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The third co-ordination meeting of the Multinational Response and Preparedness to Oil and Chemical Spill (MARPOCS) research project funded by the European Commission to fight marine pollution was held in Casablanca, Morocco, between the 1st and 3rd of March 2017 with the participation of PLOCAN, project partner.

The MARPOCS Project arose out of the need for regional co-operation in the North-Eastern Atlantic to fight marine pollution, previously highlighted by several important accidents off the coasts of Spain, Morocco, France and Portugal.

The meeting was held in the facilities of the Institut National de Recherche Halieutique (INRH) in Casablanca. The following representatives of the project partners took part: IST (Portugal) [project co-ordinator], Action Modulers (Portugal), Cedre (France), Arditi (Portugal), Plocan (Spain), ULPGC (Spain) and INRH (Morocco). The meeting was also attended by several institutions that form part of the advisory council to the consortium: Coast Guard Service, Cetmar, DGPM (Direçao-Geral de Politica do Mar), DGAM (Direcção-Geral da Autoridade Marítima) and AMSSA (African Maritime Safety and Security Agency).

The meeting agenda focused on revising each of the project work packages and organising the tasks to be done in the coming months. A working session was also held with end users in Morocco, together with a training day on the MARPOCS rig with users, accessible at the project webpage.

The Lisbon Agreement, ratified in 2014 by the above-mentioned countries and also by the EU, envisages co-operation in the event of environmental accidents. Cross-border strategies to deal with marine pollution by toxic and hazardous substances (THS), and especially by oil spills, have been developed in several regions under international agreements and EU R+D+I projects. But the Atlantic sub-region encompassing Morocco, Madeira and the Canary Islands has not come together in a similar fashion. Oil and gas prospecting and drilling activities carried out recently in this area have raised awareness to potential environmental threats. Although THS spill accidents are not as common as oil spills, their impact, the variety of products and the growth in the volumes carried are good enough reason for developing both regional and cross-border capabilities to deal with both kinds of spills. This is particularly important in the area under study, as it is an environmentally sensitive zone and depends socio-economically on marine-maritime resources and tourism.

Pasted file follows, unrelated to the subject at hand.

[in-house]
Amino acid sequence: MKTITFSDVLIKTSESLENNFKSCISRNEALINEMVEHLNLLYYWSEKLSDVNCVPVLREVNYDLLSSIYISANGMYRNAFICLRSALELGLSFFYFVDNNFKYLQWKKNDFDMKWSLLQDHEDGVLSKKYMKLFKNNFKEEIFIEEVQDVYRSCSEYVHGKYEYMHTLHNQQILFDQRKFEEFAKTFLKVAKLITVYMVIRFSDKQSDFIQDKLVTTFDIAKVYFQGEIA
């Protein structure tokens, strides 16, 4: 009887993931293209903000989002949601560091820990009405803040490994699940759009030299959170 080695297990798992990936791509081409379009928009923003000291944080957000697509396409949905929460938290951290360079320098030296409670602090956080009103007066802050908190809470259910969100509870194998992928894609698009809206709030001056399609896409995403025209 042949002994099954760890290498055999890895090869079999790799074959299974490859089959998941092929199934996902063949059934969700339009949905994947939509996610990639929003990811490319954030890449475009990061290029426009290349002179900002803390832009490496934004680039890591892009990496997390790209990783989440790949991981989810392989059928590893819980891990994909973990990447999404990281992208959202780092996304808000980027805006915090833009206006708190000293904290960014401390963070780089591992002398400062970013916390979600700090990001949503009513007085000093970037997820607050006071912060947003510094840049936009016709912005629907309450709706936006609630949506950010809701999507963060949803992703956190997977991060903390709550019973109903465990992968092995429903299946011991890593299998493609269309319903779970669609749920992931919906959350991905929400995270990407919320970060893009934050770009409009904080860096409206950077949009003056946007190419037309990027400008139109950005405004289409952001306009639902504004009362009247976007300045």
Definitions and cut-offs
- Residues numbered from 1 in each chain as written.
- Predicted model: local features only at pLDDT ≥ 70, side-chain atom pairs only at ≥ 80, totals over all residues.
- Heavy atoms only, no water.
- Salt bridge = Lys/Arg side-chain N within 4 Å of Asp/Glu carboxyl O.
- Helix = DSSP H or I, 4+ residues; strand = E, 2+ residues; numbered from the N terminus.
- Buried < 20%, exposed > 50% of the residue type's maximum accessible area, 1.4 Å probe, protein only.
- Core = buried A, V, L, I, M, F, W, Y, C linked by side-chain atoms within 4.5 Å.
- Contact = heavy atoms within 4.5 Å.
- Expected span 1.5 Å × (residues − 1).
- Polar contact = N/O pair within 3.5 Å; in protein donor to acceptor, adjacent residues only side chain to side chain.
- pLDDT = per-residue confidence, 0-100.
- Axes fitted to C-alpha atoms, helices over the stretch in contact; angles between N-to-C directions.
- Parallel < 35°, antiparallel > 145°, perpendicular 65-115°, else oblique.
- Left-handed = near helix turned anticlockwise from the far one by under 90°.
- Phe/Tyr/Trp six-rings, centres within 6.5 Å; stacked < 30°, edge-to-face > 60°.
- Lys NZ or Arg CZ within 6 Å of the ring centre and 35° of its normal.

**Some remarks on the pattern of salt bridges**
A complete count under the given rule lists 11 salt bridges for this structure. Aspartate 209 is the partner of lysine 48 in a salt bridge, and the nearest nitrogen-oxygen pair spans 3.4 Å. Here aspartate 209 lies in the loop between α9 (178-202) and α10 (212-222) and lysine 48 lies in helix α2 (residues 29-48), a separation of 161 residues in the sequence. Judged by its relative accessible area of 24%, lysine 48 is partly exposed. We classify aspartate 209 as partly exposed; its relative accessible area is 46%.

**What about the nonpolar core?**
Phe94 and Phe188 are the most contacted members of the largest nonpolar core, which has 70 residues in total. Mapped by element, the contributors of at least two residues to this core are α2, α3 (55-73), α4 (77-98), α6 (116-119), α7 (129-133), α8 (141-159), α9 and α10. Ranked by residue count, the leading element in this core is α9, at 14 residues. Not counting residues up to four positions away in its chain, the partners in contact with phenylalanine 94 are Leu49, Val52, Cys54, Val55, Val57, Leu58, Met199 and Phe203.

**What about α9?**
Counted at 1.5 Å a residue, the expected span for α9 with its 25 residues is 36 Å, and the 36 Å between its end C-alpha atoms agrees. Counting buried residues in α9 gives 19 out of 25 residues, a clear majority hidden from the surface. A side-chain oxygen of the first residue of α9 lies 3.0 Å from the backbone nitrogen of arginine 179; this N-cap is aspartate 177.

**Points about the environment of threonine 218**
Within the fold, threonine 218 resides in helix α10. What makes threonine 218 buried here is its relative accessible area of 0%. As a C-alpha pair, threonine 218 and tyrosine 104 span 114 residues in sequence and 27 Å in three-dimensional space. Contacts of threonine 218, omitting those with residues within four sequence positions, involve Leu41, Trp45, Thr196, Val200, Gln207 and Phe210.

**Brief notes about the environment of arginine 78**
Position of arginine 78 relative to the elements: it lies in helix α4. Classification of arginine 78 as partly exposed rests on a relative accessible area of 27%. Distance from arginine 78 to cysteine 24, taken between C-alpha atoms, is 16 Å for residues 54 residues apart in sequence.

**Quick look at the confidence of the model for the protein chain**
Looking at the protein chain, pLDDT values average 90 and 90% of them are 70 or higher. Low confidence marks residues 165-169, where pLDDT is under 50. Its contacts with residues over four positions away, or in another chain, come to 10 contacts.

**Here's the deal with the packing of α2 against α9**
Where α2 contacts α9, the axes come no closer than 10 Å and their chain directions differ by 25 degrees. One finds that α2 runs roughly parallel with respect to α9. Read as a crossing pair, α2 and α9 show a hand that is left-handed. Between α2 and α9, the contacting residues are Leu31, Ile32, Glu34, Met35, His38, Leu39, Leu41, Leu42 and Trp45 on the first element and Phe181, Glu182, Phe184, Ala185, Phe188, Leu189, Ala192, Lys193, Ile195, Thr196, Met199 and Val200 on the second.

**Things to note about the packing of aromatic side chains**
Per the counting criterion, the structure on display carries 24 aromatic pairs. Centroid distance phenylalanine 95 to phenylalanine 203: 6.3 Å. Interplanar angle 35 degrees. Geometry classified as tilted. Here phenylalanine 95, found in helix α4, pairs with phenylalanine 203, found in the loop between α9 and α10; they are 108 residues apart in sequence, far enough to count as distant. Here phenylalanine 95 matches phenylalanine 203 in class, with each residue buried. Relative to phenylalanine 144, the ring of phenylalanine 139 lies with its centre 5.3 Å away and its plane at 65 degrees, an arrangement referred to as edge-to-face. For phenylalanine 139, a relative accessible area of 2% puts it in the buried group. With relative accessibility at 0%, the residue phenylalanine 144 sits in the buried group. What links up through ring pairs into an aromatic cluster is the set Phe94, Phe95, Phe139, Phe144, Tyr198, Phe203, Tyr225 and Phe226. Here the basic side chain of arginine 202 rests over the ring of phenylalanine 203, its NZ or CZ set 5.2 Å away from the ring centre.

Based on the previous efforts of the EU, and pursuant to the international parallel protocols (OPRC-HNS etc.), strategies and R+D+i initiatives by this institution, MARPOCS is promoting a common operational framework, with cutting-edge, model-based decision-making tools and drills dealing with THS and oil spills, adapted to the region and supported by cross-border co-operation and the implementation and training of local, regional and international authorities. This strategy will reinforce the capability to provide mutual assistance and multinational preparedness and the response to episodes of accidental pollution in this cross-border sub-region, in line with the plans of the Lisbon Agreement.